theartsdesk Q&A: Pianist Idil Biret at 75 | reviews, news & interviews
theartsdesk Q&A: Pianist Idil Biret at 75
theartsdesk Q&A: Pianist Idil Biret at 75
A great artist's life, from lessons with legends to playing marathons from memory today
Has any living pianist had a richer or more charmed life than Idil Biret? As a child prodigy she studied in Paris with Nadia Boulanger and Alfred Cortot, and both there and in Germany with Wilhelm Kempff. At the age of four she was reproducing Bach Preludes and Fugues on the family piano in Ankara simply from hearing them on the radio. When she was seven the Turkish Parliament passed "Idil's Law", enabling not her but also other gifted children to study abroad.
From the testimonies of her great mentors, it's clear she was always a happy child (pictured below with Turkish President İsmet İnönü in Ankara, 1946). And happiness radiates from her now, though at the end of the interview she was careful to qualify it as optimism. I was invited to the apartment she shares with her husband Şefik Yüksel on the Asian side of the Bosphorus the day after a recital which struck me with the force of revelation.
Like many British listeners, I knew Biret's prolific recordings for Naxos and others, spanning the entire piano literature, but that she was still playing a huge programme of 20th century masterpieces from memory – with mixed results, it has to be said, but when good, great – confirmed a phenomenon. I had to talk to her. Fortunately when the wonderful organisers of the Istanbul Festival put it to her husband and manager, he approved, on the strength of being a Yale graduate and seeing that my publisher was Yale University Press.
What followed were two of the most enchanted hours I've ever spent with a great performer – plus my own entourage, minder-guide included: it was quite a tea party. Once we settled down to recorded conversation, I started with the recital I'd just heard.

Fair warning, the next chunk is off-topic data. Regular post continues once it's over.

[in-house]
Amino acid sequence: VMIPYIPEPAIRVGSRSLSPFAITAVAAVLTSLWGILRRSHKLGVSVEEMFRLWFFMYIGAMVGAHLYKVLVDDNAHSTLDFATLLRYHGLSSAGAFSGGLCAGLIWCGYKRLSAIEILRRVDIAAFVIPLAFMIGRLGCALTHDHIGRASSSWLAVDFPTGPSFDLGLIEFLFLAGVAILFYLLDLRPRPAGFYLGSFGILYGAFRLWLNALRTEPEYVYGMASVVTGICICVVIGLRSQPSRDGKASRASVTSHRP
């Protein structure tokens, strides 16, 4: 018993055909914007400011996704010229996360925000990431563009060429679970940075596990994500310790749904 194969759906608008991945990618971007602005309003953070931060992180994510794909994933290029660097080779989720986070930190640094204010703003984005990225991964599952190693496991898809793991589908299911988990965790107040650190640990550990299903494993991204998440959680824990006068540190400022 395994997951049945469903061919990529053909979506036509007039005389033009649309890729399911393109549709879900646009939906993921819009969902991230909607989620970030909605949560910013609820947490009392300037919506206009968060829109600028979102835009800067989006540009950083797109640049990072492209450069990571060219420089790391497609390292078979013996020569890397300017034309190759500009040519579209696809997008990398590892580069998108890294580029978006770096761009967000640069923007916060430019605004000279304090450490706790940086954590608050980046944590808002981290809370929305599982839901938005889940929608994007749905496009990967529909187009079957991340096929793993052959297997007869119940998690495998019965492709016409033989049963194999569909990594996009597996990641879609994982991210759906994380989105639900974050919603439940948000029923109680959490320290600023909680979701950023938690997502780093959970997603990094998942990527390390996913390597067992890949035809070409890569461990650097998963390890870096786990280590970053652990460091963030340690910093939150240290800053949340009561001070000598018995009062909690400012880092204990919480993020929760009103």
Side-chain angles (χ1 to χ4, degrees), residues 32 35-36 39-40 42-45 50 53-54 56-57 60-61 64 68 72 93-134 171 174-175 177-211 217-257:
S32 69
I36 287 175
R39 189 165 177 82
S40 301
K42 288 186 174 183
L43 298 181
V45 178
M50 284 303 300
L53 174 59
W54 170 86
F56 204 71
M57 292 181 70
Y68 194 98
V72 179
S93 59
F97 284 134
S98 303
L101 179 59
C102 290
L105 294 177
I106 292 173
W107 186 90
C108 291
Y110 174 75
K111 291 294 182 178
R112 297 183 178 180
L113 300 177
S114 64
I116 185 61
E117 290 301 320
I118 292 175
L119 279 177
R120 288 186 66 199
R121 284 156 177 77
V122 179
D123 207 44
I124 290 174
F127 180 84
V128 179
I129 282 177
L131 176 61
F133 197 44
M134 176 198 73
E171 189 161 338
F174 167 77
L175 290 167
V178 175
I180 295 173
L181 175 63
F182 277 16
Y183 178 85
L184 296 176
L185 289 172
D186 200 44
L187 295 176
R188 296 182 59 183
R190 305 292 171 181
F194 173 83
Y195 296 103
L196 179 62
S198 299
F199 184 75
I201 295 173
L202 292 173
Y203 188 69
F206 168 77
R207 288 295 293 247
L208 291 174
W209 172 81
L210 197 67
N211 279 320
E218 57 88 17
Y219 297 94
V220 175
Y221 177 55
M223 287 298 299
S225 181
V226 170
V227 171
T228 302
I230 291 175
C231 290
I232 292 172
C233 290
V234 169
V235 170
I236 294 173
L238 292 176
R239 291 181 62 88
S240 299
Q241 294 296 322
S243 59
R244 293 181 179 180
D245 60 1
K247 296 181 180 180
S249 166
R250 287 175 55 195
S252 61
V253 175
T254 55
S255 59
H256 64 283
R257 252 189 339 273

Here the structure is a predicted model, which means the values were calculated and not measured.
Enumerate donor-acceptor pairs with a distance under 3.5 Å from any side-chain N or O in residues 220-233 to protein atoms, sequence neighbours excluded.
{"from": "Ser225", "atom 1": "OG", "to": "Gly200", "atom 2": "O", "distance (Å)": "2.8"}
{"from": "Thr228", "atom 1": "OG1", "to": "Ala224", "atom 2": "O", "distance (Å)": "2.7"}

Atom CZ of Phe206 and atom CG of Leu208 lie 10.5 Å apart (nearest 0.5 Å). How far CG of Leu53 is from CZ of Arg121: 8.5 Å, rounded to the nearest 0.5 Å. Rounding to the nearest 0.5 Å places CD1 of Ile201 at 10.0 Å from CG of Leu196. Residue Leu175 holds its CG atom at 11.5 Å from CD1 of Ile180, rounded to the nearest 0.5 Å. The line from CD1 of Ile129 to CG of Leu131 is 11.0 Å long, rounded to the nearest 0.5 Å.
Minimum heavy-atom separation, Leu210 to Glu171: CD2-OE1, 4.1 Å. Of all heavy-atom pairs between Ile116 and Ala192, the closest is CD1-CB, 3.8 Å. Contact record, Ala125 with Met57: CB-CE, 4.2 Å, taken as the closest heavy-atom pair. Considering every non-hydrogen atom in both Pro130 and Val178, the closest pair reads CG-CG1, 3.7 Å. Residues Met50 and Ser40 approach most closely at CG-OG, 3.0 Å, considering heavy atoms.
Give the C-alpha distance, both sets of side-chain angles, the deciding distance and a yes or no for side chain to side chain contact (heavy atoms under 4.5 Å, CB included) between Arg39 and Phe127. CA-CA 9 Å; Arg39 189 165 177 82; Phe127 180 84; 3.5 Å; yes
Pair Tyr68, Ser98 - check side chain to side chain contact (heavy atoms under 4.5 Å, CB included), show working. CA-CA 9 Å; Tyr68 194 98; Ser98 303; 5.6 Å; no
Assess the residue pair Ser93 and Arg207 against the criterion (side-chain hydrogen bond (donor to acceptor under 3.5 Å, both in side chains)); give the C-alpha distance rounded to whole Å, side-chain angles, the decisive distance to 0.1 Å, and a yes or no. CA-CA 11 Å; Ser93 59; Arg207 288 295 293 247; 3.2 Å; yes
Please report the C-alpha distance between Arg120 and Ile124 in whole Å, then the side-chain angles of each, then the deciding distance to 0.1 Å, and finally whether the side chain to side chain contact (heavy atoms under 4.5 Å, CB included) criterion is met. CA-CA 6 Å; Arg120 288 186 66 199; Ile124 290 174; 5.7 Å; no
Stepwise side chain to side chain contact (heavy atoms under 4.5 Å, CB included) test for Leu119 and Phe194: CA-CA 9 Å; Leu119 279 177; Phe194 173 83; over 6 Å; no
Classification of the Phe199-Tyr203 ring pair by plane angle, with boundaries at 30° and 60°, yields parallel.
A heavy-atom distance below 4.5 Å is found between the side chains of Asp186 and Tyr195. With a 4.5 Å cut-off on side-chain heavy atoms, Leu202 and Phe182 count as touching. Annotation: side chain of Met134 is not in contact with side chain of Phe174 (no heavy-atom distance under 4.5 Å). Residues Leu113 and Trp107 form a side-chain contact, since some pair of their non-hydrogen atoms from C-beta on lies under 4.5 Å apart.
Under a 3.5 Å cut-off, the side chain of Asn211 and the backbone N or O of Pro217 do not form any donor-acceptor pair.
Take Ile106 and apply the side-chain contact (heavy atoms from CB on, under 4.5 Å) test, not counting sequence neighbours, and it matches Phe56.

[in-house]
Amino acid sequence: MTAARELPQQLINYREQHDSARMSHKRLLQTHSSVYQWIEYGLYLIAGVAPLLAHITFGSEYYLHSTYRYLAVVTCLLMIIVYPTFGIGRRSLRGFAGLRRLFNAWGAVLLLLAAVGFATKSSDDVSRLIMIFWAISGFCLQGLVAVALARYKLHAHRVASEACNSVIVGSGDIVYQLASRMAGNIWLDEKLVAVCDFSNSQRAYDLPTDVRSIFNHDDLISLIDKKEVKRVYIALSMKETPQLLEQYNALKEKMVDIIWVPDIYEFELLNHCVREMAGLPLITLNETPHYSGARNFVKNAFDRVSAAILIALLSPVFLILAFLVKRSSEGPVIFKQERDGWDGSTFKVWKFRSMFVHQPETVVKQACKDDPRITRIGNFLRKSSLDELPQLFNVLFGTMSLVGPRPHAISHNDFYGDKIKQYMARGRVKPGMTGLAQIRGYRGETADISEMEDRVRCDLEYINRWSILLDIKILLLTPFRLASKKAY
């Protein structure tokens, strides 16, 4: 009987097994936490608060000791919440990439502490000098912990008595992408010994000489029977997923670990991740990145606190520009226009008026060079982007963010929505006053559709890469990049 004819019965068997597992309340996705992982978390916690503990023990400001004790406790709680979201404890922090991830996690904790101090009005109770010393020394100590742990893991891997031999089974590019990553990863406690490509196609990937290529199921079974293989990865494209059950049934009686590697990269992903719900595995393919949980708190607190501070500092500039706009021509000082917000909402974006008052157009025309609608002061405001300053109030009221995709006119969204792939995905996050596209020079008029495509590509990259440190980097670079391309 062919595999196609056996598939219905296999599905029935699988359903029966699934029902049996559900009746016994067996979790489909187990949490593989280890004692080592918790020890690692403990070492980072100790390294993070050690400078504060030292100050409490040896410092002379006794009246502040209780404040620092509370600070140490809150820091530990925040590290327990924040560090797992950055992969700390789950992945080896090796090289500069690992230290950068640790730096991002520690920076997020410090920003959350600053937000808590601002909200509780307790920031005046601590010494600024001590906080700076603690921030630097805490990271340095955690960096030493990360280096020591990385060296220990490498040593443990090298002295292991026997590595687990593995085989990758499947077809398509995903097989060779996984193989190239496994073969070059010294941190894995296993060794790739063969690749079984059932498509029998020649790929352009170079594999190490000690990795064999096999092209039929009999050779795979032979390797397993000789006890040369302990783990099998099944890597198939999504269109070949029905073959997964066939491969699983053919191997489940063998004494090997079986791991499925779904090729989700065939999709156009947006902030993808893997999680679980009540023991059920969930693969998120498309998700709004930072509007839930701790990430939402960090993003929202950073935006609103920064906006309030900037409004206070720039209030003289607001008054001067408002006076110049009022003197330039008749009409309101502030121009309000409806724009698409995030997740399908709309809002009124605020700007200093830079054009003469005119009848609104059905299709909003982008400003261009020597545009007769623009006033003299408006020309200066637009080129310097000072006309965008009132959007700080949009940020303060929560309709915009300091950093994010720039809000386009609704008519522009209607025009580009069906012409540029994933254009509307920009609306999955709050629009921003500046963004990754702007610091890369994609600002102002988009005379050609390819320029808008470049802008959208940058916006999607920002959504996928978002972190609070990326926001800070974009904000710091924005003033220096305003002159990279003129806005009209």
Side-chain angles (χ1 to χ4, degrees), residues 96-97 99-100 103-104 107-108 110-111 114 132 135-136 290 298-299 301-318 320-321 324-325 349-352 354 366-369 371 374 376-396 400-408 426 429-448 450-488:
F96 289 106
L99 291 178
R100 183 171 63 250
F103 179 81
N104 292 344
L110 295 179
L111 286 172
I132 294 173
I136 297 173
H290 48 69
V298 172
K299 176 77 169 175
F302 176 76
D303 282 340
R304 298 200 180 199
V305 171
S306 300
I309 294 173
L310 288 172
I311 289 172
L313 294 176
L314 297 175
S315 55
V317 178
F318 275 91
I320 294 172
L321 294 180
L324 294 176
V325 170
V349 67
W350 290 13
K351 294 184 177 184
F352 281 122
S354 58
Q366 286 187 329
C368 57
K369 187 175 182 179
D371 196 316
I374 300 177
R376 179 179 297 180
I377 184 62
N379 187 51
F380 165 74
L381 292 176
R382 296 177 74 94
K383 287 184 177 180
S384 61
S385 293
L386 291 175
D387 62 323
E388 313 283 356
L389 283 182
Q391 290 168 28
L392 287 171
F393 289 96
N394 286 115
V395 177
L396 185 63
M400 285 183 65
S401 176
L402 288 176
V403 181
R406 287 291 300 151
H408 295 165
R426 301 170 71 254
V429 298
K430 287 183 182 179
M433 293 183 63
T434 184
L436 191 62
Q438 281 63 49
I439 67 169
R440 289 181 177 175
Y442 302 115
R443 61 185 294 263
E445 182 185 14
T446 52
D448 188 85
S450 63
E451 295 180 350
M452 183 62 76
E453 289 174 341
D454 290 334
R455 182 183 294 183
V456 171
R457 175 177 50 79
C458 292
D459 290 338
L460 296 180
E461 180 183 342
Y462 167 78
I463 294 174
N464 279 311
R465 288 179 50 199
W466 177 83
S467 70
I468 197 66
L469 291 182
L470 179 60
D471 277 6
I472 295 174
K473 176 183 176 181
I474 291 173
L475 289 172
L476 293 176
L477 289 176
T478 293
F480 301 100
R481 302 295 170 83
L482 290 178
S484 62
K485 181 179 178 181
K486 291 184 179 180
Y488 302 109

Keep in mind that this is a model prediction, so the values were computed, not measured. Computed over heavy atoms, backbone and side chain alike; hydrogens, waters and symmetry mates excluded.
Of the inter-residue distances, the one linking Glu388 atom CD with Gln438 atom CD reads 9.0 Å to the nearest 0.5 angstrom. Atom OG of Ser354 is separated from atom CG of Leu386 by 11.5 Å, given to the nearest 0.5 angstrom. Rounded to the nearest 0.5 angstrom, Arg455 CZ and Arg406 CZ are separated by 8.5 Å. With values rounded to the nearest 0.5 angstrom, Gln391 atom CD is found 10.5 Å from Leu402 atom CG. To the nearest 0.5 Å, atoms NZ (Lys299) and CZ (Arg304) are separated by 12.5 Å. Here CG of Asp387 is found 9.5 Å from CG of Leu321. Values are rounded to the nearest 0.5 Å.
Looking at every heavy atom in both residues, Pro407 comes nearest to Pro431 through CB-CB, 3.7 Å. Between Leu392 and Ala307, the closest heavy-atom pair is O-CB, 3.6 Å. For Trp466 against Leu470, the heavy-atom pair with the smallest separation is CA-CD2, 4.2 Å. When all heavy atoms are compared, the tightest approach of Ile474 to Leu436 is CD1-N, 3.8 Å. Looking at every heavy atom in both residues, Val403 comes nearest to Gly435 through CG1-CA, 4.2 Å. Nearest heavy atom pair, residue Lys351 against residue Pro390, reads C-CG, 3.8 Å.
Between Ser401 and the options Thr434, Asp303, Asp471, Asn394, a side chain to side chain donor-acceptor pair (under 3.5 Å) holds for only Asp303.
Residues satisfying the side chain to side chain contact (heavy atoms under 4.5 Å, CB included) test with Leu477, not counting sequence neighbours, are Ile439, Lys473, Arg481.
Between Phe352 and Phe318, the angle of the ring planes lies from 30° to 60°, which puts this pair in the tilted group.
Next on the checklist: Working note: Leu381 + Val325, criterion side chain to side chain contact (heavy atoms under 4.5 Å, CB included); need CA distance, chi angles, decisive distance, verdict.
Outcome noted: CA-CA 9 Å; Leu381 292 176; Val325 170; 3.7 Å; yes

DAVID NICE How did you decide what to play in your 20th century programme?
IDIL BIRET I was tempted to play Ligeti and Boulez, but I thought it would be too much for the audience, so I thought – well, after all Fauré also lived and composed in the 20th century. And then I thought Petrushka would be an easy piece for people to understand here. Because many of the folkloric tunes are similar – the first dance theme, it could be a Turkish tune. That's why it works. And the second part began with Gaspard de la nuit, which is quite a difficult piece for the audience.
"Scarbo" [Ravel's third piece], perhaps, requires great concentration from the audience as well as the pianist...
When you look at "Scarbo", the nuance, it's most of the time piano, two pianos, three pianos. Then suddenly it bursts out, an extraordinary piece. It's very evil, in fact.
I had never heard the right-hard figuration in "Ondine" quite so clear – to get such delicacy, and to balance the different voices, can't be easy.
It's very complicated. There also he's very clever in noting the pedalling, it's not just the feeling – it has to be very clear, like drops of water. I love "Le gibet", it's not easy for the audience again.
If you're centred, it's meditative and concentrated.
There's a very interesting recording of Ravel playing "Le gibet" which gives a good idea. And the Prokofiev [Second] Sonata, I thought it would be easier for the audience than if I played the Seventh or the Eighth. I love the Eighth - and the Fourth, which is not very often played. That's a pity. [Pictured below by Ali Guler: Idil Biret after her Bosphorus University recital]
It made such logical sense last night, because there are some very unusual lines and compressions, but it was very clear. Sometimes it feels like – here's the second subject. But this was all connected. And the sound was so different for each piece – this is what one dreams of in a pianist, sensitivity to each style. You're moving on to an all-Bach programme – there has to be Bach, doesn't there?
Oh, of course, Bach is essential. The last recital [of three] is all Bach, and there's always this problem of how to play Bach on the piano. The clearer the better. I don't know, I try to follow certain issues, ornamentation, to be very careful. There are so many different ways of playing Bach, but I think the line, the polyphony is very important. I love the fugues, I think they're extraordinary, I love the challenge to be able to make the difference between all the voices.
Do you play Bach to freshen up, when you start practising? What's your grounding?
The "Feux Follets" [the fifth of Liszt's Transcendental Etudes] It's a very good exercise [everyone laughs], and it's a lovely piece. I play the second version of the Transcendental Etudes, there's not so much difference in "Feux follets", but the beginning of "Chasse neige" is more interesting, there is a sort of recitative, and I think it's better that than to start right away on the [sings main melody], I'm impressed by his change. It's very difficult but better musically. When I begin I also play scales, of course, the Etudes of Chopin and Brahms.